We confess that we had forgotten what Oliver was really like. We forgot the effervescent joy of tickling him until we are all howling with laughter. We forgot what it was like to watch him, from across the room burst into spontaneous laughter at a video on his iPad. We forgot what our boy is like when he is not in pain or discomfort. His baseline personality is happy and joyful. At his core he is playful and affectionate, but the diseases and discomfort rob him of the uncomplicated life an eight year old should have.
The past days after returning from the hospital, Mr. Giggle Pants has returned. We feel like a black cloud has moved off of the top of our house. We are both finally exhaling a little bit, and it feels so nice. The diagnoses remain. The sadness is pervasive, but not always defining. We are so thankful for this reprieve. All three of us feel a little more buoyant than they have since last September, when our world started to unravel.
The lightness we feel may also come from the fact that we have finally gotten our arms around the meds, the feedings, the appointments, the 14 in-home nurses, therapists and workers to manage for Ollie’s weekly care. The complexity is now more routine than overwhelming. All that seemed impossible on January 12th; but work hard on anything for 45 days straight and you’ll get better.
Last Thursday, we felt an enormous weight of worry with him collapsing dozens of times a day. We had a total rush of adrenaline and felt we were heading in a bad direction, fast. What is remarkable about Oliver is how quickly his body, mind and mood can swing. He was in a seriously life threatening situation only 5 days ago, and now is breathing normally 85% of the time. What is going on with this kid?
Today, we are on the road again for Oliver’s pre-scheduled appointment at UNC’s Pediatric Clinic at Rex in Raleigh. We went to meet with the Feeding Team; an interdisciplinary team that includes a speech therapist, dietician and PA from the GI department. It was so reassuring and helpful to have all three of them in the room collaborating on Oliver’s care. We feel hopeful about the changes we will be making, and hope they will (for real) keep us out of the hospital!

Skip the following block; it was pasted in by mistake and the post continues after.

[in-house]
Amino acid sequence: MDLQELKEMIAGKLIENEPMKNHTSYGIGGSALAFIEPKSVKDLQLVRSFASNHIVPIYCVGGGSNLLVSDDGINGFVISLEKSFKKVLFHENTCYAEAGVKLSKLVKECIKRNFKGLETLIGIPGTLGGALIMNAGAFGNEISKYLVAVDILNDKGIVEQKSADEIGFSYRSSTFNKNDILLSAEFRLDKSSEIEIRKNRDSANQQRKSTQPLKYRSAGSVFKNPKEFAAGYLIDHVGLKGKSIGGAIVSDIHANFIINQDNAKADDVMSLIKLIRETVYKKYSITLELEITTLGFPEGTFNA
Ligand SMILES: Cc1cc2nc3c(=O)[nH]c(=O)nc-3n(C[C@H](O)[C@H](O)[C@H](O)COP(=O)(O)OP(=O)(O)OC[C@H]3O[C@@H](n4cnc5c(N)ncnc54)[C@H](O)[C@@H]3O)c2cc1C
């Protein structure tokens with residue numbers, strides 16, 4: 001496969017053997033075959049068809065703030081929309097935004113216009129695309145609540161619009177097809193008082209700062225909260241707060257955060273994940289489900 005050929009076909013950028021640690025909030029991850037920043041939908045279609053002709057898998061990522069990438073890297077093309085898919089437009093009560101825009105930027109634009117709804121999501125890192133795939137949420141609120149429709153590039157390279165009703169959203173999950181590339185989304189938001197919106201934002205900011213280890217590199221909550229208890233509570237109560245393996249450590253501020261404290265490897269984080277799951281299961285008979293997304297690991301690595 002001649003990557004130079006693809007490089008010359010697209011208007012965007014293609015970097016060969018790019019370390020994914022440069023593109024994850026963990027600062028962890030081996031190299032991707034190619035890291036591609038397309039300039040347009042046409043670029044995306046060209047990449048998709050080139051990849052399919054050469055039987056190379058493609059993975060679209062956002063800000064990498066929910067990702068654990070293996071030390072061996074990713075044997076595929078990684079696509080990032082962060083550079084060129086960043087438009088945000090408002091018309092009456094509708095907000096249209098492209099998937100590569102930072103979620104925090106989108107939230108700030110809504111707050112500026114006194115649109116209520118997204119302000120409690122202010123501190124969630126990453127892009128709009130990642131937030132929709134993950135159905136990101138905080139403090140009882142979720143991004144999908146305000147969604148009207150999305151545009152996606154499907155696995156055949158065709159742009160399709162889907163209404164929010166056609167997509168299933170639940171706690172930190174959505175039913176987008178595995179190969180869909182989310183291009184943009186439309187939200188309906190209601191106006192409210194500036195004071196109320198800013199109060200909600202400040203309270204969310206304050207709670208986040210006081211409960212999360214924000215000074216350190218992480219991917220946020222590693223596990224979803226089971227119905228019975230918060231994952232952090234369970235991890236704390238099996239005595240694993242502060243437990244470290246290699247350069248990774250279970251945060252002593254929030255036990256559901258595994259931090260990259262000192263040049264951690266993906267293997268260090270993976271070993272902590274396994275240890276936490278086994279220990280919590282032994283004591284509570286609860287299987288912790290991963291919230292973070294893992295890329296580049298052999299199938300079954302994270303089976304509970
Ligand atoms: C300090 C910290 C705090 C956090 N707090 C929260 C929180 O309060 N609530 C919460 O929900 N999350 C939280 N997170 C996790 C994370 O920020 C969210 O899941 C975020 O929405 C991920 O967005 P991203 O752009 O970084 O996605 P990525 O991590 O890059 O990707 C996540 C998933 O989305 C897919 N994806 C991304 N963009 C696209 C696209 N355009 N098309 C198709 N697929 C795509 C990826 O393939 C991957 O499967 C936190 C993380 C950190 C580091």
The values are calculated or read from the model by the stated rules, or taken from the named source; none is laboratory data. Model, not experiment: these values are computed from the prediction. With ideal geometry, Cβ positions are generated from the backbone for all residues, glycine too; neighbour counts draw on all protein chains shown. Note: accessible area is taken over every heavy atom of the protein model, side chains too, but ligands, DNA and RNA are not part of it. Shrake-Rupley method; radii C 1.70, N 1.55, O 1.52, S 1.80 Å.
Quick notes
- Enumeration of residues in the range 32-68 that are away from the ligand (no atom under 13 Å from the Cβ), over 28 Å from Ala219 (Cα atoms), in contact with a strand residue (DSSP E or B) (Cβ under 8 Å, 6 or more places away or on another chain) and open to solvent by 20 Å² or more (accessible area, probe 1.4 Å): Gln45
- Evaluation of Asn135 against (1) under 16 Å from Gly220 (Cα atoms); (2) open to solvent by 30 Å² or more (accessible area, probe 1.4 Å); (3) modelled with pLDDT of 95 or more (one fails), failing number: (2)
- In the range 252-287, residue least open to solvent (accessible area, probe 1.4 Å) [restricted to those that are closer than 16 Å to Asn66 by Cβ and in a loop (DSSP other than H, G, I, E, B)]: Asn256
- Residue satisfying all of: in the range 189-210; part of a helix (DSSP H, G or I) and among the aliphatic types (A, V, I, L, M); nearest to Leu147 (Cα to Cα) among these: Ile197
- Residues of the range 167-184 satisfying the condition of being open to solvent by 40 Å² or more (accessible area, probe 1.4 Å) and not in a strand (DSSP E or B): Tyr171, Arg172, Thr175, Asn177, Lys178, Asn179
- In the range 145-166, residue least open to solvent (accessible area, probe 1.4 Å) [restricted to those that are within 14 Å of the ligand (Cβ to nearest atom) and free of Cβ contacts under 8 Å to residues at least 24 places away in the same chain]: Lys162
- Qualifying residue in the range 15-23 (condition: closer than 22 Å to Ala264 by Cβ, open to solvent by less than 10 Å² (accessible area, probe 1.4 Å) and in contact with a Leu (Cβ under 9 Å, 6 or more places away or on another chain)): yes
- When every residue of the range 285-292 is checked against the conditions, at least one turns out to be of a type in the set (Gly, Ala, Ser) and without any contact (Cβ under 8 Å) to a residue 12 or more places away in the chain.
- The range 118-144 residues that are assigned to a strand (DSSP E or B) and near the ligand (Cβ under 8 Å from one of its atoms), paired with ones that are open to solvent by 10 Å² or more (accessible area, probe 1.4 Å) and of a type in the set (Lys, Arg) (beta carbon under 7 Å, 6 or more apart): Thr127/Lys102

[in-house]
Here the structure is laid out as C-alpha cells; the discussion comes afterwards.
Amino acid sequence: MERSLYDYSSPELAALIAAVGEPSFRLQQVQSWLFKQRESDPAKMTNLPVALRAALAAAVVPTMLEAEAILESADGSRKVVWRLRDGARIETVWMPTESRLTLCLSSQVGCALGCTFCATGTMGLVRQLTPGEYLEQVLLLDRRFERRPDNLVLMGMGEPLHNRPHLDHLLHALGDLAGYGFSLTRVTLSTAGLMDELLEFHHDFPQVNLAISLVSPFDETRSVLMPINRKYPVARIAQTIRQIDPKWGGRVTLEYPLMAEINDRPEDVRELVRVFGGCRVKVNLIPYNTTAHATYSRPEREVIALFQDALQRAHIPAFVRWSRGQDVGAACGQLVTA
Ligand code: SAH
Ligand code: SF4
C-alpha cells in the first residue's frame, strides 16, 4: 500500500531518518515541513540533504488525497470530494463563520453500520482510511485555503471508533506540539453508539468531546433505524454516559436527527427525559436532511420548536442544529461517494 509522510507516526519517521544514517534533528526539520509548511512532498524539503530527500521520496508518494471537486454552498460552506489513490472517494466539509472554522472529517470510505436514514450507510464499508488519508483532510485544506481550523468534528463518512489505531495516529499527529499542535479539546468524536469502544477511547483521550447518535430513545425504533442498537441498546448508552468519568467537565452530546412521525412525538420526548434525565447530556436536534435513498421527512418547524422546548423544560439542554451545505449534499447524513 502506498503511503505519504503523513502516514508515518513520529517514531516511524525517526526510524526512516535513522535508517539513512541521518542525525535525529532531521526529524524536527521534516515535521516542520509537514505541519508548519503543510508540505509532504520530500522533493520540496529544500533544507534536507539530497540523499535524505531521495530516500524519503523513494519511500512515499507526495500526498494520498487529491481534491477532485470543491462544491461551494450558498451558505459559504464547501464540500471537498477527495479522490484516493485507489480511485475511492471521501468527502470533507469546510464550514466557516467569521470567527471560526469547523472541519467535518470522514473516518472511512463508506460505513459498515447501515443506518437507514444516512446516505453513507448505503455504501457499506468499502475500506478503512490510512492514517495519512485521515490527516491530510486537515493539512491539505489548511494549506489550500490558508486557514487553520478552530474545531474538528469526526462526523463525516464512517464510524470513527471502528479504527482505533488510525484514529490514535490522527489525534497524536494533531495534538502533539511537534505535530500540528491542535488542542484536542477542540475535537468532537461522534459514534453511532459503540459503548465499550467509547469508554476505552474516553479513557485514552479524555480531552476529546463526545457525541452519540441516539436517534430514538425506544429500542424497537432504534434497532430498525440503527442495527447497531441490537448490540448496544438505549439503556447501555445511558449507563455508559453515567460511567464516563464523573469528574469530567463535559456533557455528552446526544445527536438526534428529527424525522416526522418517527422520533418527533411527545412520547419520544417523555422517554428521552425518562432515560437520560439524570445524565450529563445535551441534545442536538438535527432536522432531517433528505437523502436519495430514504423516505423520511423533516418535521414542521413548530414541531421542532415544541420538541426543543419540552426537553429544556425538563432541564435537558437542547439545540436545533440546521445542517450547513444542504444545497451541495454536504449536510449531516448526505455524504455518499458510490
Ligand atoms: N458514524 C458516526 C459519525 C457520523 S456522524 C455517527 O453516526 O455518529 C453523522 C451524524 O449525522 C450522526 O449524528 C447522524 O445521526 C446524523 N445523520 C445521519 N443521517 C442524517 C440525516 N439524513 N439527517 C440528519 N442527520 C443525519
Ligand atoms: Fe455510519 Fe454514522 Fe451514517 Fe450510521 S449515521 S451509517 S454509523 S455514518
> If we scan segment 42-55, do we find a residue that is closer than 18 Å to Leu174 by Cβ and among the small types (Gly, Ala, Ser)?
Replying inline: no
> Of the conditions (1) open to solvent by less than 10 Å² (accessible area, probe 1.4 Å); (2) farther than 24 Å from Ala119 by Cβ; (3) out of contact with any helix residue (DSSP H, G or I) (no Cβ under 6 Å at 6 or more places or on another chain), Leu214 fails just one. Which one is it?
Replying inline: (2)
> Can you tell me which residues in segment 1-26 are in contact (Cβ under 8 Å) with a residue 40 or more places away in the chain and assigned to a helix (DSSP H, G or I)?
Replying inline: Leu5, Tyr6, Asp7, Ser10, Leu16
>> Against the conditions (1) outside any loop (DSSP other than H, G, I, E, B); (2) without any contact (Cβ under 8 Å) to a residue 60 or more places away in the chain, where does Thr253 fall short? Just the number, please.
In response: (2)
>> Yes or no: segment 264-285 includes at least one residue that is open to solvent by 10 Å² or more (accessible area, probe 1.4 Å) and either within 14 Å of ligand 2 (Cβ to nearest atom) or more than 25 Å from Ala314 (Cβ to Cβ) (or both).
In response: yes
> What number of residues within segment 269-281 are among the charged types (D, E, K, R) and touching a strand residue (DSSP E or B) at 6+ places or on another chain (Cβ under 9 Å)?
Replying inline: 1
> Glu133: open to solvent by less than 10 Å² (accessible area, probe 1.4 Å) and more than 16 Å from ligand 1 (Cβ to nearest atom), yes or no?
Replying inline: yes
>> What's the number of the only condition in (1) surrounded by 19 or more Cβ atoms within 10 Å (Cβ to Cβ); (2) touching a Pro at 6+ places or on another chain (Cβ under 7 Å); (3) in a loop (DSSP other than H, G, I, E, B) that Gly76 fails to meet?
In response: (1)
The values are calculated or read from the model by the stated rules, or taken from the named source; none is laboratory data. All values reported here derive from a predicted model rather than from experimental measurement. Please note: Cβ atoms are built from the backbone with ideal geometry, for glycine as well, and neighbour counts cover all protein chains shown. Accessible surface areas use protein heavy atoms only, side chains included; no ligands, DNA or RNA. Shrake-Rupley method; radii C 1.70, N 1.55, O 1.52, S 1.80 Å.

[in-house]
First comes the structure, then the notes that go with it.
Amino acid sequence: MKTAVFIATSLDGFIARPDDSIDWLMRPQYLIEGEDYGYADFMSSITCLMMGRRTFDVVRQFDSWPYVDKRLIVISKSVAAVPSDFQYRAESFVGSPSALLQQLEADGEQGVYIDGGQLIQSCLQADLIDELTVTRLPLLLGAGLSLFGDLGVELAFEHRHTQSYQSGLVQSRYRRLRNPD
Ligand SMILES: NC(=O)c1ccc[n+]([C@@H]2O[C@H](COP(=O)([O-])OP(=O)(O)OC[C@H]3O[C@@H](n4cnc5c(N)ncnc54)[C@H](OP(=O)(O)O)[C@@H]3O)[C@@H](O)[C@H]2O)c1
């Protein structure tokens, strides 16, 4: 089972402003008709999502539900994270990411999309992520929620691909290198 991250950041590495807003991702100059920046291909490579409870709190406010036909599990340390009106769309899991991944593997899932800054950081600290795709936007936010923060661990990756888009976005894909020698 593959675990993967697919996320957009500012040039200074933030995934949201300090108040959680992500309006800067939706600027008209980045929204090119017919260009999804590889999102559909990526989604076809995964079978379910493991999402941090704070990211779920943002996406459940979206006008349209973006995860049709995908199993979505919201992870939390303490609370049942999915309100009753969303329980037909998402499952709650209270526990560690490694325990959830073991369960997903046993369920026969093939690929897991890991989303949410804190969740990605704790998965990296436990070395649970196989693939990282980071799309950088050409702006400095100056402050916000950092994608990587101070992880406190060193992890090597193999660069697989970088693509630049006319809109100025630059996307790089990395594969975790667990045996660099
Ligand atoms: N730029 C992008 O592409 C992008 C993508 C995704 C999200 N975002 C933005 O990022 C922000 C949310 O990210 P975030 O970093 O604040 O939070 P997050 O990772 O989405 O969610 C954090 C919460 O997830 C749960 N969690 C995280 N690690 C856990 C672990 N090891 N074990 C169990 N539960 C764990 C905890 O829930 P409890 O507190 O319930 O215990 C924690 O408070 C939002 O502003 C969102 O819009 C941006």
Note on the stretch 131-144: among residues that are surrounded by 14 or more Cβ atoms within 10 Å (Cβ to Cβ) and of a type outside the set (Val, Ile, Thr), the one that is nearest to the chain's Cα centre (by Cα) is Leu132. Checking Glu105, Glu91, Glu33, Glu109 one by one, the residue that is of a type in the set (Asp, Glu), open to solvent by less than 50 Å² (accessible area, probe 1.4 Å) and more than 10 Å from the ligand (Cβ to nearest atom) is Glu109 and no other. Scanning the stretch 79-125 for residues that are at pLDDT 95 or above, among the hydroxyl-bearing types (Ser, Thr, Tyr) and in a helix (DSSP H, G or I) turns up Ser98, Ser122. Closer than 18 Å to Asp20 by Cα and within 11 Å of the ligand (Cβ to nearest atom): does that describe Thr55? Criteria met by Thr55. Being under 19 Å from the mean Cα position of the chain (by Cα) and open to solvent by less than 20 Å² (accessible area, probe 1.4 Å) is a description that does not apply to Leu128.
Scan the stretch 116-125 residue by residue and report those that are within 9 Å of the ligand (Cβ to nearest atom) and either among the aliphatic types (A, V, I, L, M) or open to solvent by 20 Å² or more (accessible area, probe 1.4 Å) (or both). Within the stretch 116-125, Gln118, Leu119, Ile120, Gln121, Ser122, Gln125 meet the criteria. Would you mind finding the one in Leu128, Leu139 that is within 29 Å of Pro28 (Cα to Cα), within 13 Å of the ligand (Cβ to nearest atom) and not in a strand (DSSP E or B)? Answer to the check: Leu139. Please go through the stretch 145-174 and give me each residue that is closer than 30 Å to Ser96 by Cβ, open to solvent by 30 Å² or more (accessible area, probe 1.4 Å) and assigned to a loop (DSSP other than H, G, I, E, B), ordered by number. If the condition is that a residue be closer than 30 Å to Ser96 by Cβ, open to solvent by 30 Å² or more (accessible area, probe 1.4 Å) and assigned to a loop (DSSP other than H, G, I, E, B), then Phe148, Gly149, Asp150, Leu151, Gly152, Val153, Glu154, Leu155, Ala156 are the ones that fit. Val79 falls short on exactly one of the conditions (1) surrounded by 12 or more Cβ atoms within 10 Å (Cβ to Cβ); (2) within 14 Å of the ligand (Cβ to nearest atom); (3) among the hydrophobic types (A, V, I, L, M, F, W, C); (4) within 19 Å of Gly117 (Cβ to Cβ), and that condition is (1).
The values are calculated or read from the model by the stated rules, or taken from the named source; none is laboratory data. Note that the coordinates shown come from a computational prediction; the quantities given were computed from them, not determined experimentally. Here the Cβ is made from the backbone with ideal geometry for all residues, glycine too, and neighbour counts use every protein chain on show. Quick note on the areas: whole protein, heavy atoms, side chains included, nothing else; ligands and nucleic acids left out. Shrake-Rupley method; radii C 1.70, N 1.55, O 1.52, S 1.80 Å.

So we are hoping the good times keep rolling over here at Lanier Landing. We pray that black cloud gets a little less dark and hovers off to the side for a few months. It sure feels nice to see the sun break through those omnipresent clouds, and let it warm our weary faces. Is it naive to think that perhaps spring came early not just to the daffodils in our front yard, but also in our lives? Perhaps, possibly, the dark season has ended and we’ll get to enjoy a spring, summer & fall season before going through another winter? I love this John Bunyan quote, “it is said that in some countries trees will grow, but will bear no fruit because there is no winter there.” The important thing to remember is there is a reason for winter. Suffering is not entirely wasted unless you allow it to be. Our dark season with those long nights and brutal conditions does have a purpose. Without winter we can’t really bloom. And wouldn’t it be a tragedy if we never get to see one another’s full beauty? Without winter we can’t bear fruit. And fruit is always the external evidence of what the tree is really made of. If it is a good tree, the fruit it creates is not only beautiful, but it can feed and care for others. So perhaps we shouldn’t always want to skip winter, but learn to embrace its cold beauty.
There is a time for everything and a season for every activity under the heavens